In 1952 Mother Teresa opened the first Home for the Dying in space made available by the City of Calcutta. With the help of Indian officials she converted an abandoned Hindu temple into the Kalighat Home for the Dying, a free hospice for the poor. She renamed it Kalighat, the Home of the Pure Heart (Nirmal Hriday).[21] Those brought to the home received medical attention and were afforded the opportunity to die with dignity, according to the rituals of their faith; Muslims were read the Quran, Hindus received water from the Ganges, and Catholics received the Last Rites.[22] "A beautiful death," she said, "is for people who lived like animals to die like angels — loved and wanted."[22] Mother Teresa soon opened a home for those suffering from Hansen's disease, commonly known as leprosy, and called the hospice Shanti Nagar (City of Peace).[23] The Missionaries of Charity also established several leprosy outreach clinics throughout Calcutta, providing medication, bandages and food. This article is on Calcutta/Kolkata, the city. ... Hinduism (known as in modern Indian languages[1]) is a religious tradition[2] that originated in the Indian subcontinent. ... Kalighat Home for the Dying is a hospital for the poor and sick in Calcutta, India, founded by Mother Teresa. ... Palliative care is any form of medical care or treatment that concentrates on reducing the severity of the symptoms of a disease or slows its progress rather than providing a cure. ... Missionaries of Charity is a Catholic religious order established in 1950 by Nobel Peace Prize (1979) laureate Mother Teresa to tend to the poorest of the poor. ...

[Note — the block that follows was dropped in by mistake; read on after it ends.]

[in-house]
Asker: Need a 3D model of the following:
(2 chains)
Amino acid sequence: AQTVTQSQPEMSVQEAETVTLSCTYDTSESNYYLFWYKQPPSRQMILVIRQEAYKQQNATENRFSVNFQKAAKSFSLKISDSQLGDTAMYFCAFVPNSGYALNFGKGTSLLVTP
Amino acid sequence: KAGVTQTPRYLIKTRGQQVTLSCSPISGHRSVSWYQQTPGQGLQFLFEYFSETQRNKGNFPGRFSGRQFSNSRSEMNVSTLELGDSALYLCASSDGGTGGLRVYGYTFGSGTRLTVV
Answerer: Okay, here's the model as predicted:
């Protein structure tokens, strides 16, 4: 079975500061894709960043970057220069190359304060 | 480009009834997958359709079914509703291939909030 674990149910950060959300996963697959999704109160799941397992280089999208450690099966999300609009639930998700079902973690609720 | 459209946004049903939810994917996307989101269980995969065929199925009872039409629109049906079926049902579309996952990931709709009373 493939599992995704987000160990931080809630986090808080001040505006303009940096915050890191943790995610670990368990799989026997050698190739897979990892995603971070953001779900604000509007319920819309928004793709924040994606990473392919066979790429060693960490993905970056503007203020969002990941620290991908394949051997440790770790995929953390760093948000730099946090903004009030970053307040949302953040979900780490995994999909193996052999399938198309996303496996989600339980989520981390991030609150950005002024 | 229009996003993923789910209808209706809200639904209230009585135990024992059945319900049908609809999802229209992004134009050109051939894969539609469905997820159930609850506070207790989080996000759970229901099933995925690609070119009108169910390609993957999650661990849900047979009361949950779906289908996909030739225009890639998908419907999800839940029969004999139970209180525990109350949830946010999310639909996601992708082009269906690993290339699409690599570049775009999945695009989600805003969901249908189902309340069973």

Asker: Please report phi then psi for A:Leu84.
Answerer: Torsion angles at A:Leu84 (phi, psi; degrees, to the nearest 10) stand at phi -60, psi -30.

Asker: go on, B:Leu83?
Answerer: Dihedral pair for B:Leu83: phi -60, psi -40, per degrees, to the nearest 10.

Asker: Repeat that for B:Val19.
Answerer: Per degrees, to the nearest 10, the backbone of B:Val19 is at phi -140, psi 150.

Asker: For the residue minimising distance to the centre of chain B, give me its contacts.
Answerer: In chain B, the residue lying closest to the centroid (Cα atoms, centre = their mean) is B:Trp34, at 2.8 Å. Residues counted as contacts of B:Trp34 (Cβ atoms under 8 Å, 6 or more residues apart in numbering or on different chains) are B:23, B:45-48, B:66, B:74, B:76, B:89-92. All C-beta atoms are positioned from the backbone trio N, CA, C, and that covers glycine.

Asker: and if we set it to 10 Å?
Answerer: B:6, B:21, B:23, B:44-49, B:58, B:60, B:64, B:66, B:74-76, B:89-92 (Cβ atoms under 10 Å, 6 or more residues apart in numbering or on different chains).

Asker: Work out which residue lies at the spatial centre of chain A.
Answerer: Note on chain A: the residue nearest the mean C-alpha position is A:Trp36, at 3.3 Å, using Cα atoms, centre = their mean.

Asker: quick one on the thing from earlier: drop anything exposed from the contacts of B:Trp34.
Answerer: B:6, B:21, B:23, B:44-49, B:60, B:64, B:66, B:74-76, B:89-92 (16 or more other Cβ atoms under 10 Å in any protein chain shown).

As the Missionaries of Charity took in increasing numbers of lost children, Mother Teresa felt the need to create a home for them. In 1955 she opened the Nirmala Shishu Bhavan, the Children's Home of the Immaculate Heart, as a haven for orphans and homeless youth.[24] Missionaries of Charity is a Catholic religious order established in 1950 by Nobel Peace Prize (1979) laureate Mother Teresa to tend to the poorest of the poor. ...